After completing research on the terminology and descriptions used by lenders to justify mortgage application fees, the consumer group Which? and the Council of Mortgage Lenders have been backed by the Treasury to formulate guidelines for UK borrowers to tackle this aspect of the mortgage minefield. The aim will be to simplify the way that lenders describe charges, and to encourage a standardised system across the market.
The Which research considered the various fees and charges that the majority of UK lenders employ during the mortgage process, noting that in most cases there are a lack of clear and transparent explanations for particular costs and the reasoning for their existence. Borrowers were canvassed by the group to compare several options from the market, in order to evaluate their understanding of which deal offered the best value. Which noted that, “Just 3 per cent of people we tested were able to correctly rank five two-year fixed-rate mortgage deals in price order.”
Commenting on the findings, the CML director general, Paul Smee, said: “With the largest and most competitive mortgage market in Europe, UK customers are well served for choice. We recognise that for this choice to bring the greatest benefit, consumers need to be able to understand and compare products confidently.”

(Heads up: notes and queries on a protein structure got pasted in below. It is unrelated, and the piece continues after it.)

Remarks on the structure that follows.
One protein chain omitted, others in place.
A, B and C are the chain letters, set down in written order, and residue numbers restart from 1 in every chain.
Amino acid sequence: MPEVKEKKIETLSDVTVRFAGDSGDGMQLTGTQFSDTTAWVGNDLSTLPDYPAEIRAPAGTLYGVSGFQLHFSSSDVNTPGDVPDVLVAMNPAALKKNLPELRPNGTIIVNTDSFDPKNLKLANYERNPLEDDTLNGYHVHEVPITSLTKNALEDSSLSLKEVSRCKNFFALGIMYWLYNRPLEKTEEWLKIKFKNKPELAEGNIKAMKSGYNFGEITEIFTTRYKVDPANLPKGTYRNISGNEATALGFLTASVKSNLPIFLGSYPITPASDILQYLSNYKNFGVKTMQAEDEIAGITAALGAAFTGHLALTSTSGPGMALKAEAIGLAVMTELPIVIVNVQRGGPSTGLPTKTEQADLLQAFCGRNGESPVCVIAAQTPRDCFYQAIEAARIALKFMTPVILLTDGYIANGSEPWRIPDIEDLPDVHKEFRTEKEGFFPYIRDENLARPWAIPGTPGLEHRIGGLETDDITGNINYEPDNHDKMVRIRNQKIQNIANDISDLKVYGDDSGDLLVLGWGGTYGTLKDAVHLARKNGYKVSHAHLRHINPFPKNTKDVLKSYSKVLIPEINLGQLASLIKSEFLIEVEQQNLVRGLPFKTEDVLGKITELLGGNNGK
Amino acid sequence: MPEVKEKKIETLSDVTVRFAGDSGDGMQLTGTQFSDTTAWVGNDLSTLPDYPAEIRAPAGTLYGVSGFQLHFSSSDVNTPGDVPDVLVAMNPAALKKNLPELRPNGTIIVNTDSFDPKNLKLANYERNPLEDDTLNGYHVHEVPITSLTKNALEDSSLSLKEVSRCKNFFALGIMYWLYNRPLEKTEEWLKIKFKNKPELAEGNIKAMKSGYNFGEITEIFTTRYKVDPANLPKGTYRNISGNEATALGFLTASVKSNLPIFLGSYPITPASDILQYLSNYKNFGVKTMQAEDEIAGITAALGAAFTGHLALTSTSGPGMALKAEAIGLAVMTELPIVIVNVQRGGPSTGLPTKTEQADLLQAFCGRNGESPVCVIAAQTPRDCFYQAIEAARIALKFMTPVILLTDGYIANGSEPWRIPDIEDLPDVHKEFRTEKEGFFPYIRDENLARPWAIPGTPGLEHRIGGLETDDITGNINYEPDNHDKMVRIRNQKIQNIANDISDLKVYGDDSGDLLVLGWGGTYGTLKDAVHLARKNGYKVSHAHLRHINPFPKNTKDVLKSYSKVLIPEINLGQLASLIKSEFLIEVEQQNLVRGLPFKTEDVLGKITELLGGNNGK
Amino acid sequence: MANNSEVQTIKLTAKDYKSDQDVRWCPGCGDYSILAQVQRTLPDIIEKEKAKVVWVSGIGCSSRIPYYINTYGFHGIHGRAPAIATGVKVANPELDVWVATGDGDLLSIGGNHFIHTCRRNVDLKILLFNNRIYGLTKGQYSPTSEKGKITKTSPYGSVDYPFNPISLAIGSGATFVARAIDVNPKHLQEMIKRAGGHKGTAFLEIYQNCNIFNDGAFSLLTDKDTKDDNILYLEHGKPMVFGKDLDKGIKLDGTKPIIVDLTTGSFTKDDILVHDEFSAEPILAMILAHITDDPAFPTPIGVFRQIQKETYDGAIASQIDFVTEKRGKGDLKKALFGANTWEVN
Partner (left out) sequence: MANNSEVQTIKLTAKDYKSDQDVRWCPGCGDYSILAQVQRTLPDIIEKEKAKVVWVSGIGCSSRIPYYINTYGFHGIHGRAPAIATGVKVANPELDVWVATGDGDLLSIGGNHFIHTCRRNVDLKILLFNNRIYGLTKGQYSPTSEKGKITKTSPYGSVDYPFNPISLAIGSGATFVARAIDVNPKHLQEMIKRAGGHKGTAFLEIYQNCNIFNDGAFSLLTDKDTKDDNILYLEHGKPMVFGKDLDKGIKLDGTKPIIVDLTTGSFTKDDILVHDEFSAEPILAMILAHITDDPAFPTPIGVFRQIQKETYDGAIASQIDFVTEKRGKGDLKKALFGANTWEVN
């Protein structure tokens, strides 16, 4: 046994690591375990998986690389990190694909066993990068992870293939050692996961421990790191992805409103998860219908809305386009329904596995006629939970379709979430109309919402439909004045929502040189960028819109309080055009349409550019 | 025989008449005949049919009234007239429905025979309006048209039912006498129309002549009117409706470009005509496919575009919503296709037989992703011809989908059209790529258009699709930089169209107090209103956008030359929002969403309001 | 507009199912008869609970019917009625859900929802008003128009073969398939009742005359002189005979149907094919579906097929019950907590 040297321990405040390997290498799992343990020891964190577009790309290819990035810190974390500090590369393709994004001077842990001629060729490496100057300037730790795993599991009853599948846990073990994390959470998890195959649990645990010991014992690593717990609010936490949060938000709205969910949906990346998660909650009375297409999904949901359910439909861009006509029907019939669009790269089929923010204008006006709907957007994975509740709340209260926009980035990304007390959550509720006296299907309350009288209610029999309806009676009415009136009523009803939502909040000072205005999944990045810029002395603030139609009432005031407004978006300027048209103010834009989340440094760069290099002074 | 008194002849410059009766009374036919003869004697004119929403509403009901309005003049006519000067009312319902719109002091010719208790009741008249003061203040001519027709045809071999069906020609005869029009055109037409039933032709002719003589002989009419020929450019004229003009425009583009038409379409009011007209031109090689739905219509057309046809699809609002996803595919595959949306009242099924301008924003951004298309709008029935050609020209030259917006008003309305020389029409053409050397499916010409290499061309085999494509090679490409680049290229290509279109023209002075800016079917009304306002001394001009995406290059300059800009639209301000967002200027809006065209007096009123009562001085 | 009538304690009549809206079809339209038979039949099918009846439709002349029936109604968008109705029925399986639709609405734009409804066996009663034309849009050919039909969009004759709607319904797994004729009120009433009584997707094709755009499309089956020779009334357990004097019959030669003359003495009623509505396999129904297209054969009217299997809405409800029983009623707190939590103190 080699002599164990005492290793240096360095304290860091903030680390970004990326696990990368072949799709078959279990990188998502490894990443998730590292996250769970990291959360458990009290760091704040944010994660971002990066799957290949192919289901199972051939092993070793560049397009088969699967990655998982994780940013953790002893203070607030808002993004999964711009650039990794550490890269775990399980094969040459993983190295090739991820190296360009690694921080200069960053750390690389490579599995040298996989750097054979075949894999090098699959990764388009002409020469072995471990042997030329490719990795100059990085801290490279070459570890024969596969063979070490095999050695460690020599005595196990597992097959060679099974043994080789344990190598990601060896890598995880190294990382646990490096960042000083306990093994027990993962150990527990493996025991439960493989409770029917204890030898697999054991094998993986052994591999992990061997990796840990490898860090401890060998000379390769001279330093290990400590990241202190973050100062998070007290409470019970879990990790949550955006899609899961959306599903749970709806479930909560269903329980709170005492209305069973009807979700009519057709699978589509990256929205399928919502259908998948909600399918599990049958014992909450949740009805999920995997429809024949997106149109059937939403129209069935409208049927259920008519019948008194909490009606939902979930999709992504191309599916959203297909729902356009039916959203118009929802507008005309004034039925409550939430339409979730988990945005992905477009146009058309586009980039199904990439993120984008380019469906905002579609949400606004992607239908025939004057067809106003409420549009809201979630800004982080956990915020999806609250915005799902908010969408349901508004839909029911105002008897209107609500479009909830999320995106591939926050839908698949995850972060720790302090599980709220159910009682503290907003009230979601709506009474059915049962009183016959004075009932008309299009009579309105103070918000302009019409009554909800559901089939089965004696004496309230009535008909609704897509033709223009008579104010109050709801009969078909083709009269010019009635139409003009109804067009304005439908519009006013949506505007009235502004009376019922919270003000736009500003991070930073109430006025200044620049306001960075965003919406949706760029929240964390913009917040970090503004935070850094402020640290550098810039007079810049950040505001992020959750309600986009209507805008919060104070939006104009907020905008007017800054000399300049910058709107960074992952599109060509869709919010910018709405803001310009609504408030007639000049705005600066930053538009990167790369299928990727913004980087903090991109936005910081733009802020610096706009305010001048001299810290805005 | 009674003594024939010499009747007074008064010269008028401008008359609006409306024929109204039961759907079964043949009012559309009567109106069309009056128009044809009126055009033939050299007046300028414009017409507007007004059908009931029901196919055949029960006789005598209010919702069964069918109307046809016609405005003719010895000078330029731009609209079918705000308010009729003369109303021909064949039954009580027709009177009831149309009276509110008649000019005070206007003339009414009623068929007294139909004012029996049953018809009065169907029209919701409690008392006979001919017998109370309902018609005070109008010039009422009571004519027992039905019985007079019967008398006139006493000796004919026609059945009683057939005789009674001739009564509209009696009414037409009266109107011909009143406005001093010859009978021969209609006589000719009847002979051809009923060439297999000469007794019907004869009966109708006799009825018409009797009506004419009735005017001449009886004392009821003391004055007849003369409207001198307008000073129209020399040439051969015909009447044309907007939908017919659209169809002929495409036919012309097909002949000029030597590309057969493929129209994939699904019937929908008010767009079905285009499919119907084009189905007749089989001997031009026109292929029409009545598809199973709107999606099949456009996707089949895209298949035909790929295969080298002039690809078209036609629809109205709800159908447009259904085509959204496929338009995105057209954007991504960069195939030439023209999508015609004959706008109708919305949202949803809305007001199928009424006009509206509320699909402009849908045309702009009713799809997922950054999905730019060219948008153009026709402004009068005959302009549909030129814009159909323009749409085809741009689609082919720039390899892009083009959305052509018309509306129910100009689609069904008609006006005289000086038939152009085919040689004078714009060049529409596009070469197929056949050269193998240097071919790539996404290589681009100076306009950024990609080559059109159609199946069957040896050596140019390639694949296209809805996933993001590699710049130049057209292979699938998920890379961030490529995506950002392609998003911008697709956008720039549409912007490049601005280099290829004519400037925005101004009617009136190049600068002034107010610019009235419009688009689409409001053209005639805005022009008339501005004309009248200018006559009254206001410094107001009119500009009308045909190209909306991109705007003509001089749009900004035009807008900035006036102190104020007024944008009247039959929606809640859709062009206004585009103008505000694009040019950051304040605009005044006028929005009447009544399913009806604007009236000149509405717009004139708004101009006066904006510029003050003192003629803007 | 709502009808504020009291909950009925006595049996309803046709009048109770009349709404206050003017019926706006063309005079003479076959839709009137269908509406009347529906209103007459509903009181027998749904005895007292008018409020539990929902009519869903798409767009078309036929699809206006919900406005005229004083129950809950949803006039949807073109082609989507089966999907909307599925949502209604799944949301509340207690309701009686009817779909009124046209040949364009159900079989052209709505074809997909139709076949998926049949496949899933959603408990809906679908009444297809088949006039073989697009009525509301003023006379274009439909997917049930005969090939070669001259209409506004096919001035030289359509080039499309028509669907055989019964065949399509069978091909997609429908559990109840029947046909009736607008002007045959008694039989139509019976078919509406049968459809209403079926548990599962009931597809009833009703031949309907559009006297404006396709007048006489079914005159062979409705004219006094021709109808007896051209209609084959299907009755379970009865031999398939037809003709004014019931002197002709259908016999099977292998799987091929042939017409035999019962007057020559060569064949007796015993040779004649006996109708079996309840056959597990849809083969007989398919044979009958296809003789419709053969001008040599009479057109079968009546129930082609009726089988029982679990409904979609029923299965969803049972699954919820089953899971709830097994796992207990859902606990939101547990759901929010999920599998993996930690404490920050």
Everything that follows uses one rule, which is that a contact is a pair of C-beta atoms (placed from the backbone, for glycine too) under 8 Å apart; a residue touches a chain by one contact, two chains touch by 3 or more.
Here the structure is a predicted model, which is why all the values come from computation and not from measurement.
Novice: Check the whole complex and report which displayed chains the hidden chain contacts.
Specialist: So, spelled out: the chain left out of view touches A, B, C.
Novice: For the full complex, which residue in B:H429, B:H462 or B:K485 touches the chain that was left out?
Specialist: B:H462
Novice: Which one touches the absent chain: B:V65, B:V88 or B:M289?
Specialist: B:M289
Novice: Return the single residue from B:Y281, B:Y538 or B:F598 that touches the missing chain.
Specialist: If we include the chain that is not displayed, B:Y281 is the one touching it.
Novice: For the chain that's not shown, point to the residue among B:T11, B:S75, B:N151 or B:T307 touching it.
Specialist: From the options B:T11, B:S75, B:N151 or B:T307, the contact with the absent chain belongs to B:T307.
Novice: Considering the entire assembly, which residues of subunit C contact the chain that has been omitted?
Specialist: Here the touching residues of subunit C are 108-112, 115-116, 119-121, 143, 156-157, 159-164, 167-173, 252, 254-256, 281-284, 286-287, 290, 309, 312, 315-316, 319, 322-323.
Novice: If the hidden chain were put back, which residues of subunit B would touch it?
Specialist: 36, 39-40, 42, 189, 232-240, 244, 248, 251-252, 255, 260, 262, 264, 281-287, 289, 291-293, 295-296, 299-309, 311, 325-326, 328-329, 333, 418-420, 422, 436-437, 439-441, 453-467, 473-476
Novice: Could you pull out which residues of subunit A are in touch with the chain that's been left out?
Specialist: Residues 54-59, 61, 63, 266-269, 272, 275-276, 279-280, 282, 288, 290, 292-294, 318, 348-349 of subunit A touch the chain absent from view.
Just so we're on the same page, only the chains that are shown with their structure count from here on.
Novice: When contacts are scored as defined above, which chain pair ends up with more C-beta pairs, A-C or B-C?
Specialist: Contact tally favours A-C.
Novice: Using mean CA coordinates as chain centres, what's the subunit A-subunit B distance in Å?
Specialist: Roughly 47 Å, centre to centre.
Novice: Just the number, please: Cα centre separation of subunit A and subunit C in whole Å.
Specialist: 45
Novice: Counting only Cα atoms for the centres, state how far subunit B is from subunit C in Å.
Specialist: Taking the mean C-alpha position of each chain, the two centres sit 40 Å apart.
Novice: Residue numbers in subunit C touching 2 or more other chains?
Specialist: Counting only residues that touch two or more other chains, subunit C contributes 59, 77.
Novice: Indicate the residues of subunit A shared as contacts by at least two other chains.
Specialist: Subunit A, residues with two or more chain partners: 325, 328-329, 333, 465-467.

The expectation is that an updated report will be provided by the 2015 budget, with the structure to be completed within the next 6 months. Industry insiders hope that the process will force lenders to clean up their methods, but some believe it is unlikely to reduce the level of charges seen.
Mark McBurney, a mortgage broker for Mortgages Made Easy, said: “It is common knowledge in the market that lenders make up the majority of their profit arranging a mortgage via the set up costs. It would be great to see a consistent approach applied to tackle the jargon lenders use to justify these costs, but as has been seen before, they are unlikely to completely relinquish the practice of making questionable charges for their services.”
Advisers have levelled a clear swipe at lenders standard variable rate pricing, noting that recent drops to headline fixed rates appear to be offset against disproportionate in-house SVR’s. The Bank of England released data earlier this month that the average SVR had risen this year from 4.41 per cent to 4.53 per cent. During the same period, the average two year fixed rate in the market fell from 2.76 per cent to 1.88 per cent.
Butler commented on the matter, stating, “Gone are the days when the sudden decrease to the Bank Base rate in 2008 allowed many existing borrowers to enjoy a low SVR. While banks appear set on battling over fixed rate pricing, they are feeding the coffers to continue the struggle, by taking significant profits from borrowers stuck on or unaware that their SVR is significantly higher than alternative options.
“This smacks of the same age-old attitude on the part of lenders to reap profits while the chance is there to do so. The worry in this practice is that any marginal or significant rise in rates could put a great deal of borrowers in a precarious position regarding their mortgage repayments.”
Article By: Simon Butler, Senior Mortgage Consultant at Contractor Mortgages Made Easy
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